Kid-Crafted Gratitude

Grace Lutheran Church uses markers & paper to pass on a lesson in gratefulness to the next generation

Young church members writing thank-you notes to church donors.

At Grace Lutheran Church, a humble, 130-member congregation in Northeast Minneapolis, the youngest members are learning an important lesson when it comes to giving thanks.

On several Sundays throughout the year – before and after the 10 a.m. service – school-aged kids gather around tables, outline colorful "THANKS" in big bubble letters and diligently sketch cartoon covers for thank-you cards, all while snacking on cookies and juice. The cards are collected by pastor Emmy Kegler, who presents them to anyone who has given money to the church.

"I want to encourage our kids in gratitude and generosity," says Kegler. "They get to do the fun part of making cards, but they also get to say 'thank you' and give away their own work."

The thank-you notes are key to helping Grace Lutheran stay connected with financial supporters; Kegler also wanted them to be a reflection of the congregation.

As members began developing a habit of thanking individual donors, inviting the kids to illustrate the church's gratitude was a natural fit. "Having kids design and draw the covers of the cards was a way to remind our givers of who we give for – not for ourselves or people like us – but for the most vulnerable and the least. Bringing kids and youth to the center of what we do as a Christian community is not just about passing on the faith, it's about remembering Jesus' call to welcome everyone."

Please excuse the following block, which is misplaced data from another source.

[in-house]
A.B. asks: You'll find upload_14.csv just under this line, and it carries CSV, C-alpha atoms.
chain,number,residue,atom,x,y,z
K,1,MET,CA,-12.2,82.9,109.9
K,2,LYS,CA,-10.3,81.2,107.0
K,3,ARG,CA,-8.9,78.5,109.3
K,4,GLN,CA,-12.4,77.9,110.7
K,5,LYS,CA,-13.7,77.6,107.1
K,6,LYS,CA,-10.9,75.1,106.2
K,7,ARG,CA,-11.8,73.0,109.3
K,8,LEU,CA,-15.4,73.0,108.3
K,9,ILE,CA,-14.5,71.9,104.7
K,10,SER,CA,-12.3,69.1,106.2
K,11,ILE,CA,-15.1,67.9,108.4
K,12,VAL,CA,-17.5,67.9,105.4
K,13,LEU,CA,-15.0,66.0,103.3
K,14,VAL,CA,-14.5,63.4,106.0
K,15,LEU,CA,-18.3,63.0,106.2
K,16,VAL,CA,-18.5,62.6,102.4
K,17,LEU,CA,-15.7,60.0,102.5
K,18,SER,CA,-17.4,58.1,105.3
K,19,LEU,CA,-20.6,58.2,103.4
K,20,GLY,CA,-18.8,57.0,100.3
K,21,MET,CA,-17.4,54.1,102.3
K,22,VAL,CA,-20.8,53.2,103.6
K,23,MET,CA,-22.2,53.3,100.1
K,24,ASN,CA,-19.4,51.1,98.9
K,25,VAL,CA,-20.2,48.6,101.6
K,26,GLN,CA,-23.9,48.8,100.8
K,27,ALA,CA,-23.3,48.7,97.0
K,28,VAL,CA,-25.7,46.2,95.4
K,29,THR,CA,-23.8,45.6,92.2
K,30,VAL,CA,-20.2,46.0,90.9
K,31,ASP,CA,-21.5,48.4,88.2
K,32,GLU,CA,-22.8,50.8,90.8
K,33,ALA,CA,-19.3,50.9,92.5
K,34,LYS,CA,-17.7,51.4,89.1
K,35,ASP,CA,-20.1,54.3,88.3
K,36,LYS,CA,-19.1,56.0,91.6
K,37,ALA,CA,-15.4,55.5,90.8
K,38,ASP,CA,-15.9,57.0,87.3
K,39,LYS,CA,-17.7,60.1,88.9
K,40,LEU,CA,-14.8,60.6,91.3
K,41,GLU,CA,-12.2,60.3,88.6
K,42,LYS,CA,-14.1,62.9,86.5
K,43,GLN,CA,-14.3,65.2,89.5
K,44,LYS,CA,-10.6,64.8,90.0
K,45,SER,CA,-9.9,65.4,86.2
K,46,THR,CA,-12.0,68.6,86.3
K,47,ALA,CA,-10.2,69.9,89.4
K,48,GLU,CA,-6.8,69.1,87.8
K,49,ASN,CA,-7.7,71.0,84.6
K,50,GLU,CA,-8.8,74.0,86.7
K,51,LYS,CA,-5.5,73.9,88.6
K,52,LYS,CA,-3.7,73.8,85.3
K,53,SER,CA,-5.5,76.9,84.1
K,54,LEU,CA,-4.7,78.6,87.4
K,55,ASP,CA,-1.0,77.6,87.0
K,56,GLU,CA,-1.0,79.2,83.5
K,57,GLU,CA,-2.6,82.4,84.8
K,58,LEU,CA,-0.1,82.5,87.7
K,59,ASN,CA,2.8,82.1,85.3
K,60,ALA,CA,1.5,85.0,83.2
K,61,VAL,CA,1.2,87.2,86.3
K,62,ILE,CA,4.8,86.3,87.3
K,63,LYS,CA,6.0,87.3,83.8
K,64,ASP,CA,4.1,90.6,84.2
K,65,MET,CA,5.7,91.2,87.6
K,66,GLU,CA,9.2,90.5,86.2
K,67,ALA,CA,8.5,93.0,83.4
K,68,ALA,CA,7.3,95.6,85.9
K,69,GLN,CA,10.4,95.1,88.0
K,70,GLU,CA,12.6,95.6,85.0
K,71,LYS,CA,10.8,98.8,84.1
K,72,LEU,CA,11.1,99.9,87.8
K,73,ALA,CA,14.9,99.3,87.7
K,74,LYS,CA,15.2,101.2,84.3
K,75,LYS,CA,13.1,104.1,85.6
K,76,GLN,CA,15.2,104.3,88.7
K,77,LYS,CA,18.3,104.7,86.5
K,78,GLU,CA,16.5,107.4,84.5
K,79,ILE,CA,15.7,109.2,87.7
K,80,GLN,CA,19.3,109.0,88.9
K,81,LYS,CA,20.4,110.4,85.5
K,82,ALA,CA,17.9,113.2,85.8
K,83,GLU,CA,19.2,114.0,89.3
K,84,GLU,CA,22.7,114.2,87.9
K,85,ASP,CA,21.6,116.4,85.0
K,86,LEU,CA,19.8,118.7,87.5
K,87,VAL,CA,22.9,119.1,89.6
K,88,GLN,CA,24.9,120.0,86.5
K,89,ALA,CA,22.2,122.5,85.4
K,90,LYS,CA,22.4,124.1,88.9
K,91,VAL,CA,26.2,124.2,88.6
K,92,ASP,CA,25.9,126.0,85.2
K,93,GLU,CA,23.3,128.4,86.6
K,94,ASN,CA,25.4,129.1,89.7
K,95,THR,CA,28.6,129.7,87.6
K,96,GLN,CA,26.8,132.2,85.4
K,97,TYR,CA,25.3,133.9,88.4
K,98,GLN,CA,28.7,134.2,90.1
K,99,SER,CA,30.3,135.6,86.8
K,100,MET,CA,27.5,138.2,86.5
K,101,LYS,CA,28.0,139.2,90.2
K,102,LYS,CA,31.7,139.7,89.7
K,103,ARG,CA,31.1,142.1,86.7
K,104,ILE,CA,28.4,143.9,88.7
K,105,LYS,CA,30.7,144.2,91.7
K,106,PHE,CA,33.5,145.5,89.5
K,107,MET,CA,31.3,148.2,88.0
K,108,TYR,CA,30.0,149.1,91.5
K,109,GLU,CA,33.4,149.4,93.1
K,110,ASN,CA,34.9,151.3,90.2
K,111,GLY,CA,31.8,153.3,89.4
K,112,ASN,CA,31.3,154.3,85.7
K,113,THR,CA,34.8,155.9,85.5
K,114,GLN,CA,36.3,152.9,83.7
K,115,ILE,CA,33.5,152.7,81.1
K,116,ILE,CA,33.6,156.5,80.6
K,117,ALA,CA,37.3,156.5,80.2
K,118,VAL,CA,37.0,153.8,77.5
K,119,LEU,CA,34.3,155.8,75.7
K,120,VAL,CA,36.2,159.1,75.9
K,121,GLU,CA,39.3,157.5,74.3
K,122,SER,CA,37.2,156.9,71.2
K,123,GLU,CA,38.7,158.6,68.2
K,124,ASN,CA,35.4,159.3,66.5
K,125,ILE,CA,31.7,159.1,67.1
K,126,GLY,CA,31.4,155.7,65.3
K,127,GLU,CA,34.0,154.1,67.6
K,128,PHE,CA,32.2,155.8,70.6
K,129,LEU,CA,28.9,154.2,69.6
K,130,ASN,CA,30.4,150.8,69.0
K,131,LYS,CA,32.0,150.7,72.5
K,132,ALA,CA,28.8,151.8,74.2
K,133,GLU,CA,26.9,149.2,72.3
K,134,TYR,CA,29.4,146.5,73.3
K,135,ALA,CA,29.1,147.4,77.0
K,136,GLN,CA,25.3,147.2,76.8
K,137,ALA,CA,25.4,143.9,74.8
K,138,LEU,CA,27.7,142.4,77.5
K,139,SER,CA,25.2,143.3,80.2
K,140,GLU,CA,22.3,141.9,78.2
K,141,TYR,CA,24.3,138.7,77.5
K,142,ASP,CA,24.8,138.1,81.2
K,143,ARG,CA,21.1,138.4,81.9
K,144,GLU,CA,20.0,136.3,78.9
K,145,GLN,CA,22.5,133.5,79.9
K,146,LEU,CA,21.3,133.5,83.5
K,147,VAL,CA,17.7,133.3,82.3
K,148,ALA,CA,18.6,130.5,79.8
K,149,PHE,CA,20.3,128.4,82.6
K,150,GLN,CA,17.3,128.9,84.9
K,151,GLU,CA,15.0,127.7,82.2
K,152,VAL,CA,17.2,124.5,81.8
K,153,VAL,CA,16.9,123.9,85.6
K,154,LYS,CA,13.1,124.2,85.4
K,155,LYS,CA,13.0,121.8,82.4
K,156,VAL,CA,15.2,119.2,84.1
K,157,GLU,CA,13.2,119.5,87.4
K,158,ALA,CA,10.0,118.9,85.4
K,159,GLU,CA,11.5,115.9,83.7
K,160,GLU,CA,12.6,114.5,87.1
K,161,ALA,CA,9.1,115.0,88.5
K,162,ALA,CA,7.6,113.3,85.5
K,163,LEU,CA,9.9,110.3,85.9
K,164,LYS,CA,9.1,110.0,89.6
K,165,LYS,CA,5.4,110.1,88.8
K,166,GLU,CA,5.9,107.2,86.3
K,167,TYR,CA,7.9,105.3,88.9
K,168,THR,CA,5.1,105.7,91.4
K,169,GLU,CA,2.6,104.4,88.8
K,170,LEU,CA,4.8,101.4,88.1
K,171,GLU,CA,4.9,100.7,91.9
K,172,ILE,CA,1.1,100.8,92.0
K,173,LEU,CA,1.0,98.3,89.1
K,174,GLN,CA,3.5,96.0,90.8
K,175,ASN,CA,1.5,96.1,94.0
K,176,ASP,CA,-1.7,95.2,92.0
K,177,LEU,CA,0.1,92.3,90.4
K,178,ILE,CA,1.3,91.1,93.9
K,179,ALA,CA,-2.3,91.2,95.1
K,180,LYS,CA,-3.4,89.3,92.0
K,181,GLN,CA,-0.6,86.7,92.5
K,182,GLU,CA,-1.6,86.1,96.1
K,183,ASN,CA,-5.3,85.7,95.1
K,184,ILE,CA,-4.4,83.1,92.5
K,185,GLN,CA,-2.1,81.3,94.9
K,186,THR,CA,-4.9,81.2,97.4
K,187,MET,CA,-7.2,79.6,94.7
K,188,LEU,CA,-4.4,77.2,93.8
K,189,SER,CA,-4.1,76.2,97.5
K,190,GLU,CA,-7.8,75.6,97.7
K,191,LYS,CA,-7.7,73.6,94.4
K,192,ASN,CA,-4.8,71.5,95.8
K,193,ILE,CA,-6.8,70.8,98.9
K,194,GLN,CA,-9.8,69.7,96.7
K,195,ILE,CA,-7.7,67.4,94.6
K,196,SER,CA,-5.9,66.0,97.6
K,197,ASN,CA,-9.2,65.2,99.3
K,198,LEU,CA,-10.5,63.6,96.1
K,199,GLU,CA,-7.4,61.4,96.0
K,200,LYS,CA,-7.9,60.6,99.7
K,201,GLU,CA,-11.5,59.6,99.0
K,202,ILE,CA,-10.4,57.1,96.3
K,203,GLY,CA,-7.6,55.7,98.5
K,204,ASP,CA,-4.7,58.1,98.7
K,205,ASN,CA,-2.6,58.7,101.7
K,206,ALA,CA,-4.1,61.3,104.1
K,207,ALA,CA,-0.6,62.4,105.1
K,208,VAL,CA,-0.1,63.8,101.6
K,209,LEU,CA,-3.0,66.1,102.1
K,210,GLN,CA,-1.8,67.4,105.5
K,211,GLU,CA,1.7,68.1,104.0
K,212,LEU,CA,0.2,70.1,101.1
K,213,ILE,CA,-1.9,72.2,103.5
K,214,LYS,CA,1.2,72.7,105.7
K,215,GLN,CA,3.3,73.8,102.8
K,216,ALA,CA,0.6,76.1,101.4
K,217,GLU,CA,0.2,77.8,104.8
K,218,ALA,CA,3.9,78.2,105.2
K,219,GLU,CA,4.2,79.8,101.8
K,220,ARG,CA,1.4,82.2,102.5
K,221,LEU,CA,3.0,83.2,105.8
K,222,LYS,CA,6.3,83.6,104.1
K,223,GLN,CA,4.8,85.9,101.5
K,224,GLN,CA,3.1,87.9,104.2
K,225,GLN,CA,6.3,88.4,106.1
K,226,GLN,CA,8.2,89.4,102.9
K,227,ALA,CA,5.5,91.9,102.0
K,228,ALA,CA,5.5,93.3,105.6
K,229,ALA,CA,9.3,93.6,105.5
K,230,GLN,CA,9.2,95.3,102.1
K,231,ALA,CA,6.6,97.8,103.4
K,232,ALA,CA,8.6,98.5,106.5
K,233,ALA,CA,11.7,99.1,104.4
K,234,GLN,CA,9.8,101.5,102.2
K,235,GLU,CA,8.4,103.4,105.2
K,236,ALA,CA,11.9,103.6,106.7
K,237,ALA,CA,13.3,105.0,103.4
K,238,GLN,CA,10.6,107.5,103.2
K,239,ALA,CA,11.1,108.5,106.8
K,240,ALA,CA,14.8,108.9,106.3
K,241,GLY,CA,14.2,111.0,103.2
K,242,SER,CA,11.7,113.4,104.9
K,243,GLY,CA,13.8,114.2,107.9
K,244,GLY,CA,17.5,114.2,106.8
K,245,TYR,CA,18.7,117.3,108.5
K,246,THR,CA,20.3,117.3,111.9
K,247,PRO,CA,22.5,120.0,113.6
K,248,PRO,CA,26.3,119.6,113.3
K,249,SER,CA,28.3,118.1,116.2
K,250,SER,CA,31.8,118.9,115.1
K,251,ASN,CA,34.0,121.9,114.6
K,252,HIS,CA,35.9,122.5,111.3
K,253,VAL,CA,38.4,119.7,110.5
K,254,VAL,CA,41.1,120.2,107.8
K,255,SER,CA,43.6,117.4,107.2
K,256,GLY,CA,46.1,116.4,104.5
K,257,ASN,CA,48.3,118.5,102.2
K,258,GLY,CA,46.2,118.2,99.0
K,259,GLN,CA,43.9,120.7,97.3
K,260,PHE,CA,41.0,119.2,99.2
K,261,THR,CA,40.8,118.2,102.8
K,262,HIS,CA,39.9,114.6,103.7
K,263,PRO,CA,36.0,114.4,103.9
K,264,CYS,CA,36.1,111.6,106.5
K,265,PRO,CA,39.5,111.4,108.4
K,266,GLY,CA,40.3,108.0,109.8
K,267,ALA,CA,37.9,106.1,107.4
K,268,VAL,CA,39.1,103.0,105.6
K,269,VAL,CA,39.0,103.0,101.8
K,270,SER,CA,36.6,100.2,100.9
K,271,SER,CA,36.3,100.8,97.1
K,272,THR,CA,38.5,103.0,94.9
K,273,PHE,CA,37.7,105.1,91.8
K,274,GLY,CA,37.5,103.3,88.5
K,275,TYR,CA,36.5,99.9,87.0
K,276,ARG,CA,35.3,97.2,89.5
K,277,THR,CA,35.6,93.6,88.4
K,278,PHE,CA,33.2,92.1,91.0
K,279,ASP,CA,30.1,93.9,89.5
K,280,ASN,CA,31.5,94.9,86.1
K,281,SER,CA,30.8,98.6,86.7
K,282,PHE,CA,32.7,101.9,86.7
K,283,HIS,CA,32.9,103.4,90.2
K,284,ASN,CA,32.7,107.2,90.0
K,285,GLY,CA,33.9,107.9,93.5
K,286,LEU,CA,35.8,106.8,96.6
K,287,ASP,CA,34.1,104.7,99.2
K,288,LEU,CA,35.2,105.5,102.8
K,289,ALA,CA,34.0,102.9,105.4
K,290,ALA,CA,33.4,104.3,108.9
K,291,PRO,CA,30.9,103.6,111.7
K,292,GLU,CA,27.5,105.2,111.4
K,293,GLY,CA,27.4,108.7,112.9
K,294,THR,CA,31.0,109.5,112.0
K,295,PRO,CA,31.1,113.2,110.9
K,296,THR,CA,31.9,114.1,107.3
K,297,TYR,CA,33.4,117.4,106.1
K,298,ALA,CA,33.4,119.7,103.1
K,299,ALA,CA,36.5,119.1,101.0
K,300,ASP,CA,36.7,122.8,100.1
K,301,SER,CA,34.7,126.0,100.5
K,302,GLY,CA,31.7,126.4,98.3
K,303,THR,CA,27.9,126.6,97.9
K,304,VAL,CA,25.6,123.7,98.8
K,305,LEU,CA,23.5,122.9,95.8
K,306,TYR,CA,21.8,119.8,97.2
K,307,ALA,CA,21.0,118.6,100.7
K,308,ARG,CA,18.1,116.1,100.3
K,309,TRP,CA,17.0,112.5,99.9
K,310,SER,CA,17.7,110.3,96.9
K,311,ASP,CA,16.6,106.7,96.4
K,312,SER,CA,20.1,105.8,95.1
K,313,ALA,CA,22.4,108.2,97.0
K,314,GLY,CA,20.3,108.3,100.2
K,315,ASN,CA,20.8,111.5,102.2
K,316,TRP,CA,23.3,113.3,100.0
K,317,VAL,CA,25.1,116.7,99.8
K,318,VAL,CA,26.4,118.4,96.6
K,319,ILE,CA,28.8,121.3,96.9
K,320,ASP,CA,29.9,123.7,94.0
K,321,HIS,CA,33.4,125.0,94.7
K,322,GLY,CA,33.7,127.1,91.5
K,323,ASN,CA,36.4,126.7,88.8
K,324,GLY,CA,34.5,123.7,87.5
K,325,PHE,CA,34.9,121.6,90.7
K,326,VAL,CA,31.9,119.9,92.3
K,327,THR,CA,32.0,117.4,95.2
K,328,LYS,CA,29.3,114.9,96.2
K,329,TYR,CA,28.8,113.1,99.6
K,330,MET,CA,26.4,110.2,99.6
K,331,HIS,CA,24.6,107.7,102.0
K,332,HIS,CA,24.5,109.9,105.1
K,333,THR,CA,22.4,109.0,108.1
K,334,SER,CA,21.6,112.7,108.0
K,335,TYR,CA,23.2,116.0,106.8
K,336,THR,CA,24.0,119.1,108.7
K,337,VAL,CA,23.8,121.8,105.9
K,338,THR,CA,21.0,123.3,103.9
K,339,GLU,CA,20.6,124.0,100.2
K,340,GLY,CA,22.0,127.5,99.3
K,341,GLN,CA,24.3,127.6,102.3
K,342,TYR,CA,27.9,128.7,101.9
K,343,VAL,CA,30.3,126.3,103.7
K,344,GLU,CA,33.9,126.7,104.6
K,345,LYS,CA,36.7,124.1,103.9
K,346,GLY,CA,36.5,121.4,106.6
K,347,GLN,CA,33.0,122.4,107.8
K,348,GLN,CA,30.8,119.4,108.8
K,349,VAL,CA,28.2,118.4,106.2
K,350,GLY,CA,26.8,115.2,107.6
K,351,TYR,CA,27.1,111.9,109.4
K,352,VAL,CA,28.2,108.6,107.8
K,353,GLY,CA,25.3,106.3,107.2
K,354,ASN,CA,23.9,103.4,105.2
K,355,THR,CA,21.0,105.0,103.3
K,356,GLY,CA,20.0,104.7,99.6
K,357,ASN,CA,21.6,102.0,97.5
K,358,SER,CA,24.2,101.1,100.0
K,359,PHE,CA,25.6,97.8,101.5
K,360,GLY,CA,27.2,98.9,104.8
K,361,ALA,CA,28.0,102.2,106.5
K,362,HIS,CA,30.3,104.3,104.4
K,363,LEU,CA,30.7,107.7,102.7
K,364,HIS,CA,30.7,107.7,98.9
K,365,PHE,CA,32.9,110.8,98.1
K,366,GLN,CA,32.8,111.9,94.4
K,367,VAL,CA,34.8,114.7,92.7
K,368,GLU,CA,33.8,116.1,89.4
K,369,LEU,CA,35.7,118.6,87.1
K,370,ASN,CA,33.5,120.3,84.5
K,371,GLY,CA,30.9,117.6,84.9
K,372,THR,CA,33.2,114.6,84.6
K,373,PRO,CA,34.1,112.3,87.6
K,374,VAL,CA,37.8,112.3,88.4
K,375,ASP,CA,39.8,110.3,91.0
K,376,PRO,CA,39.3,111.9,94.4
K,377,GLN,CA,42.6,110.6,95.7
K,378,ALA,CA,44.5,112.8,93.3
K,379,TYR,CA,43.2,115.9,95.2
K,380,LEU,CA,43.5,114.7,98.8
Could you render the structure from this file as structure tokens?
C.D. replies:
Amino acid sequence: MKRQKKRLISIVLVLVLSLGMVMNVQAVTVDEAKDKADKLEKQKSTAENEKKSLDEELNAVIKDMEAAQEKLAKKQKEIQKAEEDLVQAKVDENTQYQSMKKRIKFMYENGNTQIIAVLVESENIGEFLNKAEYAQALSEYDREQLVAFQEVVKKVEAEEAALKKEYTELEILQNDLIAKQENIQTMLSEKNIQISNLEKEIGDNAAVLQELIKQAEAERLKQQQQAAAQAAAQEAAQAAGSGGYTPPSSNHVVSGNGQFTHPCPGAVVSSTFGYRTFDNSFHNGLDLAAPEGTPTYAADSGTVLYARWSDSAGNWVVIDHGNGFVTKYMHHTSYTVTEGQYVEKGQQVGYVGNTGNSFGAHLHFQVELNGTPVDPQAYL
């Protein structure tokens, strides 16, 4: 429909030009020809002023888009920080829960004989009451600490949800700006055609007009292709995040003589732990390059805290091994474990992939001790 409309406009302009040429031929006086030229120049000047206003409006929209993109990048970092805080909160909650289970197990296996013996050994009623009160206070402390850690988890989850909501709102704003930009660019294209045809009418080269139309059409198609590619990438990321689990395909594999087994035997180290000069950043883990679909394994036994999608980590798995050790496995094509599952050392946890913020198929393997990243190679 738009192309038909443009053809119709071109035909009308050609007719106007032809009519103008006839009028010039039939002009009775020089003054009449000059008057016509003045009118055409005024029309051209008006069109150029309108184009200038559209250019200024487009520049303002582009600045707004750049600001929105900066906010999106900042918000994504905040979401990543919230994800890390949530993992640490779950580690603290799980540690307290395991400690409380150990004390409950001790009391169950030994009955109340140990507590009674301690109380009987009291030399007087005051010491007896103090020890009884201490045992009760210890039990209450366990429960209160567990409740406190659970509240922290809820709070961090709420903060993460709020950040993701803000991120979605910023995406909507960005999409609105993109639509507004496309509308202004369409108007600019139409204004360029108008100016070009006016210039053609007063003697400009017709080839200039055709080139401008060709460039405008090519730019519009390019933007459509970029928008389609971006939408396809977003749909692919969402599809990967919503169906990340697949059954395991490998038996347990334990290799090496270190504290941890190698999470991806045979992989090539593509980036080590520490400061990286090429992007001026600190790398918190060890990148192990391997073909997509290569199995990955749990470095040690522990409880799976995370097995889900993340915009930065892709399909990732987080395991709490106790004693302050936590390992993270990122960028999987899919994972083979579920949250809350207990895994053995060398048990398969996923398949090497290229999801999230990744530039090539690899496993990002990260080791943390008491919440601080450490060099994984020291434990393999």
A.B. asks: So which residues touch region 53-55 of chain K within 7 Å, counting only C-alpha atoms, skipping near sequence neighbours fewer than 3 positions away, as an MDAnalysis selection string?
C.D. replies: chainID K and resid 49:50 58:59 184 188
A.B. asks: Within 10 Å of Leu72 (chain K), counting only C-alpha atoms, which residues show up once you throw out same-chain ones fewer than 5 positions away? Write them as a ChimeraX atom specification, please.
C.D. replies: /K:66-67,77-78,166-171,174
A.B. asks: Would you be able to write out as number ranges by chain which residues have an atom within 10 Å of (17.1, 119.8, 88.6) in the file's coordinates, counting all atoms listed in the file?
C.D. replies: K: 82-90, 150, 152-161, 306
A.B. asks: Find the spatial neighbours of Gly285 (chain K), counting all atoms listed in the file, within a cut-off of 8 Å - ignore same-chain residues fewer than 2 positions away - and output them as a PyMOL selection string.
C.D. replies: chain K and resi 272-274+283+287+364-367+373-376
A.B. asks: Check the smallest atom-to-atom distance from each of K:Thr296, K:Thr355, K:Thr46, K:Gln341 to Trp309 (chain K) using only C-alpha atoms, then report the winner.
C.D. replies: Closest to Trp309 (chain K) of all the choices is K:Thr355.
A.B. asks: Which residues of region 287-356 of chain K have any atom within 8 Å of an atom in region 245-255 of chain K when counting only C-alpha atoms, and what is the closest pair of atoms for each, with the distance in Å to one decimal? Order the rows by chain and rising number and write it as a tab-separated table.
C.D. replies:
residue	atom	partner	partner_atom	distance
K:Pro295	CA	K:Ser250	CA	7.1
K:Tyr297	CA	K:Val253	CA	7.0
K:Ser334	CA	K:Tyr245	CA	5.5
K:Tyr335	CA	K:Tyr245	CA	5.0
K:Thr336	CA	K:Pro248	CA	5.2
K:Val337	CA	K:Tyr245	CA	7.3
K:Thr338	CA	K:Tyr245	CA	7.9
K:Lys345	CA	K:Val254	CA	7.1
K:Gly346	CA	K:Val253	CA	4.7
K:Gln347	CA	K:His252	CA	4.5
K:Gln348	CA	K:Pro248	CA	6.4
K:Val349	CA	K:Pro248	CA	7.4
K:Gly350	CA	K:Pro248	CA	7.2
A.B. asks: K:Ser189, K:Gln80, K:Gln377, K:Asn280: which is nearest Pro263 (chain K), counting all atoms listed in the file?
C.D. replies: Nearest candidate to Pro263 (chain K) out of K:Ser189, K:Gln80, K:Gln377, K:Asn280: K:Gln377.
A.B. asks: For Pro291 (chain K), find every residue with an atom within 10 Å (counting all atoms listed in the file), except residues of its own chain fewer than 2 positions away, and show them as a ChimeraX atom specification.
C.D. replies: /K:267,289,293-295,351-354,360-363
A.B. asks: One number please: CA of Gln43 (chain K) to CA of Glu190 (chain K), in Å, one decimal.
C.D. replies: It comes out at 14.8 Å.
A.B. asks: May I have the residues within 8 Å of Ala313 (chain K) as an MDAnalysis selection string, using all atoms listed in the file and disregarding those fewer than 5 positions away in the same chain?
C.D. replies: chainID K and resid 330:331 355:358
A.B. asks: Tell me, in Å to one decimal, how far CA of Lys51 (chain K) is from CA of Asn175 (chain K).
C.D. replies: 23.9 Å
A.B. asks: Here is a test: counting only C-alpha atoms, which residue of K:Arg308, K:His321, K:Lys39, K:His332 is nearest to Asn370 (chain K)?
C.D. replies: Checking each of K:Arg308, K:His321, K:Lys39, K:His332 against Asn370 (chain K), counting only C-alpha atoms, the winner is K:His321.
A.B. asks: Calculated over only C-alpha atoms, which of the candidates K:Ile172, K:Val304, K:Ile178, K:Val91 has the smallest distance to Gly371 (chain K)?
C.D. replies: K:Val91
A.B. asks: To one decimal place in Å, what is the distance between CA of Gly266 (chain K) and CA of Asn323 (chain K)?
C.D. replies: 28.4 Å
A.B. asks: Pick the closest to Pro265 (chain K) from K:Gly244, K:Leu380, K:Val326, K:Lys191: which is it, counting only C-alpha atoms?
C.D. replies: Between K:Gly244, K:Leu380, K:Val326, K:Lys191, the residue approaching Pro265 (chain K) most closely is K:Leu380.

Passing on gratitude

Grace Lutheran and Thrivent member Sylvia Radford is raising two daughters, ages 11 and 14, in the church. She appreciates the lifelong lessons that a simple gesture in gratitude can bring, and observes how involving kids in the work of the church makes them feel part of the church family.

"Positively impacting the world around you does not have to be difficult and painful," she says. "It can be fun. Learning that you can enjoy being useful is an important lesson."

Radford hopes their handiwork will eventually translate into a larger perspective on generosity for her girls. "My dream is that this program can be a stepping stone to a social norm of gratefulness and giving," she explains. "We have many helpers during our lives. We need to learn to say thank you to those who have provided help, and in turn, help others around us."

Counting blessings counters stress

Pastor Emmy recognizes that every monetary gift – whether it arrives in a donation basket or a deposit via Thrivent Choice® – is a meaningful one. "Taking time to sit down, read over our list of givers, and handwrite thank-you notes has become a spiritual practice for me. Money is a major stressor for pastors and church staff, but that anxiety can be confronted and reduced if we create practices that center us in hope rather than in fear."

This summer: Put your faith into action

Want to thank your donors for their generosity? Thrivent members, apply to lead a Thrivent Action Team to create your own handmade thank-you items. Eligible Thrivent members, you can show your gratitude too, by directing Thrivent Choice Dollars® to your church.